Buy your cottage and keep it, too

June 27, 2012 | By | Add a Comment

Owning a cottage in Ontario Canada - Ingrid Bjel McGaughey mortgage broker Toronto - www.CanadianMortgageCo.comWe just got back from our cottage on the Ottawa River. We find it wonderful there… Wild windswept forest, water gently lapping onto the sandy beach, fresh air strongly scented with pine. (Oh, and mosquitoes the size of hummingbirds, but hopefully some long overdue hot dry weather will beat them into submission).

Are we there yet?

I always know that summer’s coming because the smaller members of our household start negotiating, “Can we go to the cottage tomorrow? Why not? Well, when can we go?” And I find myself wondering, just how much school do those kids really need, anyway?

We own the cottage, but rent it out part of the year.  Here’s why:

The reality of our situation however is that taxes, insurance, maintenance, and small renovations really tap into our cash flow. In addition, with our busy jobs it’s hard to get away as much as we would like. So, like many people, we rent the cottage part of the summer. It accomplishes two things: one, the rental income helps with our expenses, and two, we have wonderful renters who take care of the cottage as if it were their own, so that we don’t have to worry that an empty cottage is just sitting there, vulnerable to thieves.

If you’ve been bitten by the cottage bug, or a vacation home is crowding in on your daydreams, you have probably realized another reality. Nowadays, property prices have greatly increased in many of Canada’s popular vacation destinations, making it a challenge to purchase the beach house of your dreams.  Just take a look at the latest Recreational Real Estate market reports published annually by Royal LePage.

Some people choose to share these costs by renting, as we have, while others manage the cost through joint ownership with family or friends, or even some combination of the two. However, before taking the plunge into co-ownership or renting, you need to be sure that you really understand what you’re getting into.

Here are a few things to think about:

1.  Does owning a vacation property fit your lifestyle?

In addition to the fun and leisure aspects of a vacation home it is important to factor in the time and cost involved in year-round upkeep. How will the property be used? If your dream is to own a ready-to-live-in relaxing hideaway while your co-owners dream of a northern DIY project, you may not see eye-to-eye when it comes to how you will be spending your weekends.

2.  How much time do you and your co-owners plan to spend at the vacation property?

Will you be vacationing as a group, or do you want to trade off on weekends? Will one use the property more than the other? Will it be a 50/50 split?

How will disagreements be resolved? Can your relationship withstand potential friction regarding decisions involving money?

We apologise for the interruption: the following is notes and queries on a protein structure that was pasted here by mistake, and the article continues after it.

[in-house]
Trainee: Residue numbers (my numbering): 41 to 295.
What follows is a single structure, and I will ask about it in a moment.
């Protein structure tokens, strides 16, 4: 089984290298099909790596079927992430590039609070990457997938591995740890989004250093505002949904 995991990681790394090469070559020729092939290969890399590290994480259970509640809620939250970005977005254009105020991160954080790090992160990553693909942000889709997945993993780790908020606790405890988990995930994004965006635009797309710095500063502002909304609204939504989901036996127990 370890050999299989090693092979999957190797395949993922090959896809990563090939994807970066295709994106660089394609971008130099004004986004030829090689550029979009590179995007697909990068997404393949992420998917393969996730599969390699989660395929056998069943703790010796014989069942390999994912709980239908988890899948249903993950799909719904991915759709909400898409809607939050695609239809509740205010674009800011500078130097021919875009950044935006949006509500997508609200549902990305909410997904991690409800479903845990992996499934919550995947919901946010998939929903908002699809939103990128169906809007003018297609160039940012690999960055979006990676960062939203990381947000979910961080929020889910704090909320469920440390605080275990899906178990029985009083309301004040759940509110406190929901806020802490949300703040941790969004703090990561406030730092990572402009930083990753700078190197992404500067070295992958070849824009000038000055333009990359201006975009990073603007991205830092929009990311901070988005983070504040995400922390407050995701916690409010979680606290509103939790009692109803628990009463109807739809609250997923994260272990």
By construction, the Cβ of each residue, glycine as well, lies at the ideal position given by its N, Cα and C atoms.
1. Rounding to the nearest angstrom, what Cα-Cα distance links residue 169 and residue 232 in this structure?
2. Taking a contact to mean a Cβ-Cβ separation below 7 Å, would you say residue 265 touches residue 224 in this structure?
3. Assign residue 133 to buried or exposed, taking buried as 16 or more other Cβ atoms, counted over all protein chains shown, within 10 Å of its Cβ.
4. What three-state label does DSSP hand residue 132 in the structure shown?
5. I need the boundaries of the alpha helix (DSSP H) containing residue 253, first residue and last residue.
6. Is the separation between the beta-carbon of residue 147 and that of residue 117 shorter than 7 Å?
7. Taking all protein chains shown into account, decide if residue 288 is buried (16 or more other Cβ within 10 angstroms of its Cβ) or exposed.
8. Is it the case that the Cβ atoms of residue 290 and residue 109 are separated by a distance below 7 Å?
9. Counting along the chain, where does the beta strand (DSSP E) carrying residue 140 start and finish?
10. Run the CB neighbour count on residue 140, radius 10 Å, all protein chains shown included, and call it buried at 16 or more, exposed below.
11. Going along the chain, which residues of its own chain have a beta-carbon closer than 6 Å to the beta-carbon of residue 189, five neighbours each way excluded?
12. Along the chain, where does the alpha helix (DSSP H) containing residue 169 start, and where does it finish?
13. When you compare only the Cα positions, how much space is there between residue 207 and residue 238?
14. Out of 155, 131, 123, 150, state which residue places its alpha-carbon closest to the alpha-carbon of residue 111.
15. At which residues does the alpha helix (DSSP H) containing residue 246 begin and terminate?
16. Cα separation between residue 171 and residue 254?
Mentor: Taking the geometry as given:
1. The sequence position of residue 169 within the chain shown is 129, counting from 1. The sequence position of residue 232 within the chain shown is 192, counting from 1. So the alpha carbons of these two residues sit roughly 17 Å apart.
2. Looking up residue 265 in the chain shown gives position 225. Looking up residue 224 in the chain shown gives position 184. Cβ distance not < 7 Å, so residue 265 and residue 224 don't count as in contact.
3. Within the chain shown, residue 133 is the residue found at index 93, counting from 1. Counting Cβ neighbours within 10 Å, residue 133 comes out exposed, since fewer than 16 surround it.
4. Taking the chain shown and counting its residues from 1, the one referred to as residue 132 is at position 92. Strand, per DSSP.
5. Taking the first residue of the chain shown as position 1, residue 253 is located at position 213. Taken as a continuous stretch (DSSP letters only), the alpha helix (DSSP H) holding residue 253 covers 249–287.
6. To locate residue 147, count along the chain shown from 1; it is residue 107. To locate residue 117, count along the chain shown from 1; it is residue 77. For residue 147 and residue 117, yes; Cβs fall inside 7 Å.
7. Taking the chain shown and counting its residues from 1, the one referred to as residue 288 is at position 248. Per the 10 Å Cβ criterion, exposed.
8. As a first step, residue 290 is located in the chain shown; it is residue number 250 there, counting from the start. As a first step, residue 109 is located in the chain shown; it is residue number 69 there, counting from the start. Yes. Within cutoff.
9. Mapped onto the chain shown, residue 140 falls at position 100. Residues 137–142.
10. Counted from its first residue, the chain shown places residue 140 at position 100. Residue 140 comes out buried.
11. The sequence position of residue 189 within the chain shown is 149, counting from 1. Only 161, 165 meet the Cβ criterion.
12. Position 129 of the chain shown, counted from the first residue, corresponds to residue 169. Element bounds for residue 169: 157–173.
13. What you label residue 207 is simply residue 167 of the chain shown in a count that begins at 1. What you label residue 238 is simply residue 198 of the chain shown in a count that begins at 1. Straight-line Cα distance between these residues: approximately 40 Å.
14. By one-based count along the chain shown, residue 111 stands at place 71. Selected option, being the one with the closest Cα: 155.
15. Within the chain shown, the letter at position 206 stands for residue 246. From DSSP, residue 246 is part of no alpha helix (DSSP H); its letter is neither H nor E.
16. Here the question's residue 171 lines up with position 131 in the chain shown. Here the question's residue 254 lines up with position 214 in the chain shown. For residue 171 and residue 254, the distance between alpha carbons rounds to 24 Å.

3.  Have you thought about what’s involved before you put it up for rent?

While most Canadians buy a second home for recreational use, growing numbers are also buying for investment purposes. Determine in advance how you will split, and claim, the rental income. In the case of a vacation property that you intend to rent out most of the time, the lender may deduct the rental income from your total monthly debt payments when qualifying you for a mortgage. It is important to be aware that not all lenders will take rental income into account – a mortgage broker can advise you on this. As well, if you do rent the property for the majority of the year, you may have additional expenses – insurance would be more expensive, and you may wish to consider using a property management company. How do these fit into your spreadsheet?

4. Can you afford the mortgage financing?

While it certainly helps to go in with a co-purchaser, you want to be sure that your waterfront property isn’t putting you underwater. Seek independent advice on what size of mortgage you can reasonably handle – again, a mortgage broker can help you with this. And as with any purchase, if you think you will need financing, make sure you get a pre-approval to ensure smooth sailing when you put in your offer to purchase.

Regardless of whether you are buying a cottage that you yourself will enjoy, or as an investment, some pre-planning will help make sure it is a relaxing and rewarding venture. And don’t forget your bug spray!

 

Photo credit: [c] meepoohfoto for freedigitalphotos.net

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About the Author (Author Profile)

I'm a Toronto Mortgage Broker. My focus is on saving people time and money in financing and re-financing their homes. Am passionate about helping people make informed choices, giving back, and helping to improve financial literacy in Canada.

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